As the horsemeat scandal gallops on…
By Nikki Peters
Before this year I hadn’t given horsemeat a second thought. Now, almost three months after it hit the front pages it still occupies plenty of column inches. I’ve found myself thinking about the ‘real’ contents of my ‘quick fix’ lunch. And the way I look at horses has changed for good. At Stand we like to look to the positives though, so I’ll be using this blog to look at three possible beneficiaries of us finding horsemeat in our Findus.
You and me
I think we’ve become savvier and it will be harder for other suppliers to pull the wool over our eyes.
If us lot at Stand are anything to go by, people are taking a keener interest in what they buy. Never did we consider that large supermarkets could dupe us into buying horse, cat, dog or bearded dragons. We assumed there were rigorous procedures and frequent testing and had no idea how many countries were traversed in the journey from farm (I said I was optimistic!) to our tables/baskets. We were wrong and we do so hate to be wrong.
Now, let me make it crystal clear, I’m not suggesting for a second the cause of obesity is horsemeat. But the ongoing suggestion that cheap, fast food = more chance of horsemeat has definitely resulted in people asking “what’s in our food?” Experts are being increasingly vocal that home cooking a lasagne for four people can be as cheap as pre-packed and not too taxing (even for my limited culinary ability) and recent figures suggest the sales of fast food are dropping since #horsegate. With these encouraging signs it would be a huge shame if this was not jumped on as an opportunity to encourage more people to question where their food comes from and the importance of a healthy diet.
Local Butchers, for local people
One of our lovely Standettes’ brother-in-law is an independent Butcher and he’s seen a huge rise in footfall since mid-January. The uncertainty of the origin of meat is definitely driving some people to their local butcher where there is more assurance that you are getting the meat you thought you were. But this got me thinking why I am still shopping at the supermarket rather than at my local butcher.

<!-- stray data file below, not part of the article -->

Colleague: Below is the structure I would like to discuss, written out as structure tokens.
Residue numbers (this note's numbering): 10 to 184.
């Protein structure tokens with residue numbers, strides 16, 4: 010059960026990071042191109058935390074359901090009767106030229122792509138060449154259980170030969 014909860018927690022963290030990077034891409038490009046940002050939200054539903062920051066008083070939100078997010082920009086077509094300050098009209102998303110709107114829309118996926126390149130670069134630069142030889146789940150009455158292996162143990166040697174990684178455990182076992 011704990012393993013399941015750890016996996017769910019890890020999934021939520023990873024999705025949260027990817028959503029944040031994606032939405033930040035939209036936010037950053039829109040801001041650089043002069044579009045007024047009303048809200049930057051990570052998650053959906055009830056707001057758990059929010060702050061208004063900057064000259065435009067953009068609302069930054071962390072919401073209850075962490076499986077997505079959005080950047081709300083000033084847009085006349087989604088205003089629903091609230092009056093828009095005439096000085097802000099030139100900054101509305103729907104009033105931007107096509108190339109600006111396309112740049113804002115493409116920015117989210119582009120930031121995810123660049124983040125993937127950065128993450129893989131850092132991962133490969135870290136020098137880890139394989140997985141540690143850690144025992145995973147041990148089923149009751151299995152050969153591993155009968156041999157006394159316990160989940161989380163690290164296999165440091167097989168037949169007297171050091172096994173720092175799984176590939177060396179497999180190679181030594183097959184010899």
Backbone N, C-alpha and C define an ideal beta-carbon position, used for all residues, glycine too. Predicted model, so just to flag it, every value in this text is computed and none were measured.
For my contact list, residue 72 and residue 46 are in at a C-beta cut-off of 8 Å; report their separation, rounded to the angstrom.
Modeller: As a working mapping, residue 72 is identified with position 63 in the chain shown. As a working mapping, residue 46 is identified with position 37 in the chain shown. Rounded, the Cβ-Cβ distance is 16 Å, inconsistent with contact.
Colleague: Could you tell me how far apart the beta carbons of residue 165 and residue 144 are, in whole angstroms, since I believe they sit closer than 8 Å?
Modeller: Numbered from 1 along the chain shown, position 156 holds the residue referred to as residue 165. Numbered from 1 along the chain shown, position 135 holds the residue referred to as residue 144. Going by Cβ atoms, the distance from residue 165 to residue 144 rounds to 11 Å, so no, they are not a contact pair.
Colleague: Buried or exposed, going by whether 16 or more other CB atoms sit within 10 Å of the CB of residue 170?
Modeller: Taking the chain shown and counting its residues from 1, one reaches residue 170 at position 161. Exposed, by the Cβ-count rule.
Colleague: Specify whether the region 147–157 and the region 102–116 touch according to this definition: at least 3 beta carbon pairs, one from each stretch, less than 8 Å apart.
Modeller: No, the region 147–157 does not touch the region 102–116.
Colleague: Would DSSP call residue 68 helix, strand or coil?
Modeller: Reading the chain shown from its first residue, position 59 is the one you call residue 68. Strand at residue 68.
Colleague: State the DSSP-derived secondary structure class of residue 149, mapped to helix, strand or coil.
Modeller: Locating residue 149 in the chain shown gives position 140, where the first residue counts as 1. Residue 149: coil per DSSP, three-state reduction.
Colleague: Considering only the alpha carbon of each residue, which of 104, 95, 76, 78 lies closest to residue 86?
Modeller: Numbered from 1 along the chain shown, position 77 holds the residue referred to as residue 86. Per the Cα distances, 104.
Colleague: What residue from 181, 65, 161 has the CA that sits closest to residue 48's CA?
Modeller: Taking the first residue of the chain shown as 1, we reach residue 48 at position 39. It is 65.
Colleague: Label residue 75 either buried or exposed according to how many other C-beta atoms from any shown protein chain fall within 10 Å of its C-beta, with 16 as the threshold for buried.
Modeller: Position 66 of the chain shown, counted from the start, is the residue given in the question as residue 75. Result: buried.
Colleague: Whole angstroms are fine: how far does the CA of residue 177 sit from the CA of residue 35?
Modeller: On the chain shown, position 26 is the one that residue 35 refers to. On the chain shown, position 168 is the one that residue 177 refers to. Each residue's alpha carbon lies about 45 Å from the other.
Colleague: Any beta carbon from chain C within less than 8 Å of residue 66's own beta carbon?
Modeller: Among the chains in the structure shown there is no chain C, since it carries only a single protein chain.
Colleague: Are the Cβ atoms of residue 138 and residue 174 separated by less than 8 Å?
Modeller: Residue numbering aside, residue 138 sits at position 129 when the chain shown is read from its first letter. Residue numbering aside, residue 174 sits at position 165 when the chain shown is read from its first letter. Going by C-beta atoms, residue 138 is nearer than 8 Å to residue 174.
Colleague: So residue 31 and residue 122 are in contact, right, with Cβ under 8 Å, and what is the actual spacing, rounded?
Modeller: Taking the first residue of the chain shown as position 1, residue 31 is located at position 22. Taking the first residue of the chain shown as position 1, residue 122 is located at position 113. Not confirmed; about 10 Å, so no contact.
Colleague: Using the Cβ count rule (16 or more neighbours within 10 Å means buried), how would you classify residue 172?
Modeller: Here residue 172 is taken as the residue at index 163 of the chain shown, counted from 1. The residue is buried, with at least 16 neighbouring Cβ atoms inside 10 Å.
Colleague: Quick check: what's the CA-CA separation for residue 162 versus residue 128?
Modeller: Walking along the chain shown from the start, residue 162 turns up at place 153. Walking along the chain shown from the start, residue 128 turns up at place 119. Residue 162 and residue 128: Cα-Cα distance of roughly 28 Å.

1) “It’s quicker” – I am not that busy and important on a Saturday morning that I can’t spare an extra 10 minutes, despite my delusions of grandeur.
2) “It’s cheaper” – well yes shopping a butcher is more expensive than a 99p Findus lasagne (what isn’t?) but not more expensive than comparative meat.
3) “It won’t taste any different” – this was just plain wrong. The meat from my local butcher is far tastier than its supermarket alternatives and, as an added bonus, you can ask someone about tips for cooking.
For me, the lies have been the most distressing part of this whole affair. Contaminated meat with tranquilisers and all sorts of medication that was never intended, nor fit, to be in the human food production chain certainly shocked me. We don’t want this sort of shock again and, potential suppliers, we are on the lookout.
All in all, I think the horsemeat scandal has been a positive tidal wave to hit the UK. In the last week alone there have been two high profile examples to us Brits taking the bull by the horns (not literally) and making changes. Which? Discovered a 30% drop in shoppers buying processed meat while The Chartered Institute of Purchasing & Supply have called for stricter regulations in tracking supermarkets supply chains. We are now looking beyond the label of anything we buy, which must be good for ethical shopping.
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